Letter: Heath care reform affected by many issues

By Gus Bode

Dear Editor:

In response to Clayton Herschberger’s editorial, ‘The world’s best health care is a privilege,’ allow me to interject some facts.’ At the center of his claims is that exploding health care costs are the consequence of punitive compensation in medical malpractice cases.’ Even a quick search of the relevant research on JSTOR shows little evidence supporting this claim. Most favorable to his claims, an analysis of previous research on damage caps in medical malpractice suits by Leonard Nelson and his colleagues in the Milbank Quarterly (2007) shows that it does reduce premiums.’

However, insurance premiums have been increasing nationwide even while damage caps have been increasingly implemented by states (e.g., Georgia).’ This clearly suggests that while punitive awards contribute to medical costs, that it is hardly the sole cause of such things.


But more generally, Mr. Herschberger’s editorial suggests that cost is the only issue in health care reform.’ Nothing could be further from the truth. The issues in play here are far more complicated.’ Insurance companies can – and do – intervene to stop doctor-prescribed care (I know this from personal experience); doctors can – and some do – order unnecessary tests to pad their own profits; there are serious shortages of doctors in many fields, such as general practice, because of current incentive structures for certain specialties; small businesses are increasingly finding it impossible to offer health care benefits to workers because of high costs; and despite having the most advanced medical care in the world, the United States lags behind on key health care indicators such as infant mortality and other preventable deaths.’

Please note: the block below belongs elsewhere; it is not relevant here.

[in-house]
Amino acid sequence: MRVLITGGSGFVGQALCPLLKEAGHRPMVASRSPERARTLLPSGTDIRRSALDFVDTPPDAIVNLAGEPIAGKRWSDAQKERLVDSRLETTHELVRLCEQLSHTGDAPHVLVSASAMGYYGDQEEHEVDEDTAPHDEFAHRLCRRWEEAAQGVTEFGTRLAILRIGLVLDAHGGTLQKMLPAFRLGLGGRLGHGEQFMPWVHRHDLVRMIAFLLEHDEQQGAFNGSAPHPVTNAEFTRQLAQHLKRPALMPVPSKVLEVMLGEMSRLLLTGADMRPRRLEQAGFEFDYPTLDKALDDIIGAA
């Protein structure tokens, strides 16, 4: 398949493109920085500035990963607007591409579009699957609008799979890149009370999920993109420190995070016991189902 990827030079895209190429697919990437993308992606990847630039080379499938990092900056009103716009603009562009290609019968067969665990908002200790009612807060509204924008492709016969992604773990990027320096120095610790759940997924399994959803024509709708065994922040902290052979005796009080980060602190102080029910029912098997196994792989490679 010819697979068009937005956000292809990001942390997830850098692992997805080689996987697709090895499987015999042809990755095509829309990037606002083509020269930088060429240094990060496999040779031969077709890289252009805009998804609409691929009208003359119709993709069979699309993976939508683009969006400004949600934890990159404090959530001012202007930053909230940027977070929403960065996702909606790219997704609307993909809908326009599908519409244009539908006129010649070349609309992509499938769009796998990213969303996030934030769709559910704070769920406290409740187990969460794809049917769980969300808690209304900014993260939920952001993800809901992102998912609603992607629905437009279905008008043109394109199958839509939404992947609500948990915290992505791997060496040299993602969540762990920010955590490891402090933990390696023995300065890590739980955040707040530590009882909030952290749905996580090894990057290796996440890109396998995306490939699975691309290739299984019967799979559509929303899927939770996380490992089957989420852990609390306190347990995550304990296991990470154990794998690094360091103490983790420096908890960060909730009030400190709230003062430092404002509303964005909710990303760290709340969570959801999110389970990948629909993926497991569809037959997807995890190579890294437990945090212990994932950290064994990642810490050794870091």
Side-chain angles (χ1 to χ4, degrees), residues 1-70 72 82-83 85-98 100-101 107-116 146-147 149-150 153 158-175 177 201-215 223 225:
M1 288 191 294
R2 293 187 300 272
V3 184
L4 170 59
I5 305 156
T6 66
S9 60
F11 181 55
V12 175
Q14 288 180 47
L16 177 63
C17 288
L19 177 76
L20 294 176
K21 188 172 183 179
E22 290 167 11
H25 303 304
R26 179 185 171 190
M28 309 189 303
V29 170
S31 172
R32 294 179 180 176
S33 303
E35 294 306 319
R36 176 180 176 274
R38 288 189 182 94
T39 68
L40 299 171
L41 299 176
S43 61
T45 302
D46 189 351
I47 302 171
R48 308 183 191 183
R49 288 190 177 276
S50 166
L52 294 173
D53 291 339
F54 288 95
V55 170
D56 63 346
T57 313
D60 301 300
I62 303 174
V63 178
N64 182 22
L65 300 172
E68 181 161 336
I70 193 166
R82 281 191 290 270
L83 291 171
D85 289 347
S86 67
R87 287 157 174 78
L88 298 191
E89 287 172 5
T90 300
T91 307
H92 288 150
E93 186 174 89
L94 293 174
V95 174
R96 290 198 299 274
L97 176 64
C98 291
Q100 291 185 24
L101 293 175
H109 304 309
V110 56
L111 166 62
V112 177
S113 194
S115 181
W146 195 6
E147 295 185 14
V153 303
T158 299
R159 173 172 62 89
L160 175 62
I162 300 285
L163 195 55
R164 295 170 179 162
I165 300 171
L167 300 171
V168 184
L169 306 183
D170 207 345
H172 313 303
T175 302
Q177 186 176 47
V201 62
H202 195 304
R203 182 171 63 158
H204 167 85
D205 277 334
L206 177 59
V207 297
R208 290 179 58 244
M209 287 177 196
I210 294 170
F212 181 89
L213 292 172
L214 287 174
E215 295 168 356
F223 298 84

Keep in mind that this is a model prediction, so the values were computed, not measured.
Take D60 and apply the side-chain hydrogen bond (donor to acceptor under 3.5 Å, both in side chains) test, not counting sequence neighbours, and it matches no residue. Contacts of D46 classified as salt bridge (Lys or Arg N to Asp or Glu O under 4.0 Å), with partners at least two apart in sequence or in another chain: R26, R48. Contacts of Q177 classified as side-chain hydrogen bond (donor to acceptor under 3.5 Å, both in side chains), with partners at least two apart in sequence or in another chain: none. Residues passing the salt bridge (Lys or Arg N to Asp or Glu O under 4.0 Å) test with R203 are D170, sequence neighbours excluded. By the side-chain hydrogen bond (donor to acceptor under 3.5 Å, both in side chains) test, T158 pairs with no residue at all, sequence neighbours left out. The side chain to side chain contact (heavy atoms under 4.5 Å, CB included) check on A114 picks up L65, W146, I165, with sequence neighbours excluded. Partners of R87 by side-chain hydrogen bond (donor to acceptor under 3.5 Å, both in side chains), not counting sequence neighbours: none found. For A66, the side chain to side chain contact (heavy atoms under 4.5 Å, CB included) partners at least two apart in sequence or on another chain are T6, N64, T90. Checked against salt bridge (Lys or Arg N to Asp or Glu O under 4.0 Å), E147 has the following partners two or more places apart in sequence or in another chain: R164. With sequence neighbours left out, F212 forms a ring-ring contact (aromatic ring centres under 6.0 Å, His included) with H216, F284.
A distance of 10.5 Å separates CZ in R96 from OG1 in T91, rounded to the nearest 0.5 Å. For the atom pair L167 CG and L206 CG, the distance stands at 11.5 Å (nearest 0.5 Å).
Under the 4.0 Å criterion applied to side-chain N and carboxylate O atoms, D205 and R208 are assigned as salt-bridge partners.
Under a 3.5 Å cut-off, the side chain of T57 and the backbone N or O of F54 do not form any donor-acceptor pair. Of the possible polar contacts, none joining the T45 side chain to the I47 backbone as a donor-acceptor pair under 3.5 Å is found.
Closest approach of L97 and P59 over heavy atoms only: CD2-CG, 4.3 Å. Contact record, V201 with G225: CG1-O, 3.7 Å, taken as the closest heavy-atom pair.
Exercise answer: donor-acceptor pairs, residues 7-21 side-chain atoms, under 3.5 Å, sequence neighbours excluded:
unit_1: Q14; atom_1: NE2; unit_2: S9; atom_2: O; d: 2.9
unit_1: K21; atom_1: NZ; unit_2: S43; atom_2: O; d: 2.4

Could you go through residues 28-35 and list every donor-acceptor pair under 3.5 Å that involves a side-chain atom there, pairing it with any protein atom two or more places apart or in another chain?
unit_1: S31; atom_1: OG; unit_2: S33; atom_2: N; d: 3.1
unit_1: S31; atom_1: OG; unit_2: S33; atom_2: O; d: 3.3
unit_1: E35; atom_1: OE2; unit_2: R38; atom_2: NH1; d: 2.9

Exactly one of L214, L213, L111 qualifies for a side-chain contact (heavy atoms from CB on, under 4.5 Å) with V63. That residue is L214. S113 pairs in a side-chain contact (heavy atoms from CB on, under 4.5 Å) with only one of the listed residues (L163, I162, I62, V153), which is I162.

It is ludicrous to suggest that all of these issues are the causes of frivolous lawsuits and runaway compensation.’ Yet past all that, I see no way around the simple moral issue here – how can a nation as wealthy as ours sit by and watch people deprived of their health, sometimes their life, under any circumstances?

Scott D. McClurg

associate professor of political science